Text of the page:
Inheritance tax: self-test answers

Test your understanding: answers

(1) C The value of Kathy’s shares held before the transfer is £198,000 (5,500 x £36), and the value held after the transfer is £94,500 (4,500 x £21), so the value transferred is £103,500 (198,000 – 94,500).

(2) A The PET made on 20 June 2007 is exempt from IHT as it was made more than seven years before the date of Malcolm’s death. The PET made on 17 December 2009 utilises £146,000 of the nil rate band, so only £179,000 (325,000 – 146,000) is available against the Malcolm’s estate. The IHT liability is therefore £80,400 (201,000 (380,000 – 179,000) at 40%).

(3) A Wong’s personal representatives can claim the wife’s unused nil rate band of £227,500 (325,000 x 70%), so the amount of nil rate band available is therefore £552,500 (325,000 + 227,500).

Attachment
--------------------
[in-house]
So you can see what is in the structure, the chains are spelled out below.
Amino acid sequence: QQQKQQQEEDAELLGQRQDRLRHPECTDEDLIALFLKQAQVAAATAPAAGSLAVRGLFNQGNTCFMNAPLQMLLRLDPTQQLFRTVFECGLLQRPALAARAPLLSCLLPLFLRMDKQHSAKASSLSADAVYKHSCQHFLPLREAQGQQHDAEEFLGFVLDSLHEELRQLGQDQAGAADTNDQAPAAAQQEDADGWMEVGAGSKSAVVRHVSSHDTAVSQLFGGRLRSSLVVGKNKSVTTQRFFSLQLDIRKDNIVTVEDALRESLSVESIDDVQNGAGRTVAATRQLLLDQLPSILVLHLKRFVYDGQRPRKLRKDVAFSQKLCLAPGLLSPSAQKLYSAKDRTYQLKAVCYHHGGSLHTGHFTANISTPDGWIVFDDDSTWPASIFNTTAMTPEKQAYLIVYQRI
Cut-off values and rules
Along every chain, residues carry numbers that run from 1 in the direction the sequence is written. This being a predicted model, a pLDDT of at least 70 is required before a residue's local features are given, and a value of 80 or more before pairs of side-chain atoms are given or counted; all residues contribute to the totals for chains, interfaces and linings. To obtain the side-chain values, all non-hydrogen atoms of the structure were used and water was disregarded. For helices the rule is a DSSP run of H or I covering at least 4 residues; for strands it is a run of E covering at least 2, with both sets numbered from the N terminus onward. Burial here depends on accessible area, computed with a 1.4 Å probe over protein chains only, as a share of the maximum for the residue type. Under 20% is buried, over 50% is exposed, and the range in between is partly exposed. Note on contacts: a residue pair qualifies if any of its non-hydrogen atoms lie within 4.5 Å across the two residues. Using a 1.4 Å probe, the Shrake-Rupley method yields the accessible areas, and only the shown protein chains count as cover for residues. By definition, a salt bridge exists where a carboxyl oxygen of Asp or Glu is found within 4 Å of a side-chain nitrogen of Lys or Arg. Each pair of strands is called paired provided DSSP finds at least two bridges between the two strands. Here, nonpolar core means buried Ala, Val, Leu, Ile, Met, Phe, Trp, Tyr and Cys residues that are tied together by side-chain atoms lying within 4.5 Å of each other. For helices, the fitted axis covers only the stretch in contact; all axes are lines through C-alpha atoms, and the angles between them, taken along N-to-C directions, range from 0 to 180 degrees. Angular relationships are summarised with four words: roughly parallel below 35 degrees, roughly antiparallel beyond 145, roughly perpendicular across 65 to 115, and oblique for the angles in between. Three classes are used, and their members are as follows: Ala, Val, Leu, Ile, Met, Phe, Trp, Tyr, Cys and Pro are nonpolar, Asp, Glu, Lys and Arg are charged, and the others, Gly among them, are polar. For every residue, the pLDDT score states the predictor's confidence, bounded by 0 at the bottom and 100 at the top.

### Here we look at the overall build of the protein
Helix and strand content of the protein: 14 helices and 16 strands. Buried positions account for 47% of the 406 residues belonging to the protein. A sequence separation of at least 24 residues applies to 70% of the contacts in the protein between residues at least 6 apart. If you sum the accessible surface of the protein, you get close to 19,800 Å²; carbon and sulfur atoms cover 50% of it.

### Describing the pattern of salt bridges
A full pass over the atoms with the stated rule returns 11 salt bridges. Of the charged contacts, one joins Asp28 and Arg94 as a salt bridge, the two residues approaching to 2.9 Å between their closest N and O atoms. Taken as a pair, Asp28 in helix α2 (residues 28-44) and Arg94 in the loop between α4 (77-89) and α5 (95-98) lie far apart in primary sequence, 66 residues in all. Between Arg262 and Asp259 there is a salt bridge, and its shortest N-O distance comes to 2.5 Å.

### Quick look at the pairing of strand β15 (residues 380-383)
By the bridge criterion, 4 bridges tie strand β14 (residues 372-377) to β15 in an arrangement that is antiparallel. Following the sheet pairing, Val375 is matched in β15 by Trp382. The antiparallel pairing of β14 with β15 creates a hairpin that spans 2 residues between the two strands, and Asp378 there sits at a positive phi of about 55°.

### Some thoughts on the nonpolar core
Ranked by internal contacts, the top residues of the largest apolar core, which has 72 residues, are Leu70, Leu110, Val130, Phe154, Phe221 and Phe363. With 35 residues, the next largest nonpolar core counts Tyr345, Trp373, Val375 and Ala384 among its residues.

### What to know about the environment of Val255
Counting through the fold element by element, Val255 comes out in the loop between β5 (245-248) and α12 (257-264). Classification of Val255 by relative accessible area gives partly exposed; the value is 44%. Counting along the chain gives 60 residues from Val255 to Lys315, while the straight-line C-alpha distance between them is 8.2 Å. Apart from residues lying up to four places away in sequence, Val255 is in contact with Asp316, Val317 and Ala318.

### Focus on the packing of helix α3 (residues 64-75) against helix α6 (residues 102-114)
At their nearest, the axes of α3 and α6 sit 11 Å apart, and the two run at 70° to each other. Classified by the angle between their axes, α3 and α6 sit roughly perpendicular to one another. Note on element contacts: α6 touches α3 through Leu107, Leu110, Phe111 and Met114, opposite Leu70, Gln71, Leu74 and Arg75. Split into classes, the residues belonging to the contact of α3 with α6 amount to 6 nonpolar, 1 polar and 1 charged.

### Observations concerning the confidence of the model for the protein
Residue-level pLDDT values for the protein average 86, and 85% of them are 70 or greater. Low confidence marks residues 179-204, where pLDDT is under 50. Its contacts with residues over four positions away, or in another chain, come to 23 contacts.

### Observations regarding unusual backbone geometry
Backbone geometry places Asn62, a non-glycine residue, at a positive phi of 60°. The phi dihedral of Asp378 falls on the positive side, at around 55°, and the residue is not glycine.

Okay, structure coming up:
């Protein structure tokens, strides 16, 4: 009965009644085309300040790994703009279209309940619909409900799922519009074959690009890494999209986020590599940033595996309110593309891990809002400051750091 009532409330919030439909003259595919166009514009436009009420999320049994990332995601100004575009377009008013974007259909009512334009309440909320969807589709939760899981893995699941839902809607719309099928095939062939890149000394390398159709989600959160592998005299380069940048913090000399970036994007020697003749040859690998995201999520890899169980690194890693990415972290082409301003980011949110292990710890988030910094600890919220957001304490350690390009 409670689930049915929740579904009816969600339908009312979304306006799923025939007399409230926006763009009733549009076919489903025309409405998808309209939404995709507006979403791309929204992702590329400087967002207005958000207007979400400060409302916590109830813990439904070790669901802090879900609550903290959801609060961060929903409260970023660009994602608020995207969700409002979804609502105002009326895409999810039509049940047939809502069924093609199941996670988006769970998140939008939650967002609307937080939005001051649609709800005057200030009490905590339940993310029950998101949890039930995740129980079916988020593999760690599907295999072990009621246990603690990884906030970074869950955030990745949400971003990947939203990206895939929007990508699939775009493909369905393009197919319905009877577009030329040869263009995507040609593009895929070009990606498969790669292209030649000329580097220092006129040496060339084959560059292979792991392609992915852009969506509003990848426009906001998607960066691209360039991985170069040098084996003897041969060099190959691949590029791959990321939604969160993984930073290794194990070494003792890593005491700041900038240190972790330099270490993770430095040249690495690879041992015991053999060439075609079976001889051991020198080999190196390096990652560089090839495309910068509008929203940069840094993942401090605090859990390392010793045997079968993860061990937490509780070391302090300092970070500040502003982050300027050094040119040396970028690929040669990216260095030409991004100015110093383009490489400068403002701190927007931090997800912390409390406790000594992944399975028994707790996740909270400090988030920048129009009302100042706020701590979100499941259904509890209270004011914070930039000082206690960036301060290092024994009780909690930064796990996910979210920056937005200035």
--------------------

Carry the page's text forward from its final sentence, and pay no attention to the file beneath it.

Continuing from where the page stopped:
(4) D The gift on 22 May 2013 utilises all of Winston’s annual exemption for 2013–14. Therefore, the value of the PET made on 7 September 2014 is £4,200 (7,200 less the annual exemption of 3,000 for 2014–15).

(5) D Arnold is paying the IHT liability, so the net gift must be grossed up. The IHT liability is therefore £28,750 (115,000 (440,000 – 325,000) x 20/80).

(6) C The due date is the later of 30 April following the end of the tax year in which the gift is made, and six months from the end of the month in which the gift is made.

(7) C When making gifts either during lifetime or on death, it can be beneficial to skip a generation so that gifts are made to grandchildren rather than children. This avoids a further charge to IHT when the children die. Gifts will then only be taxed once before being inherited by the grandchildren, rather than twice.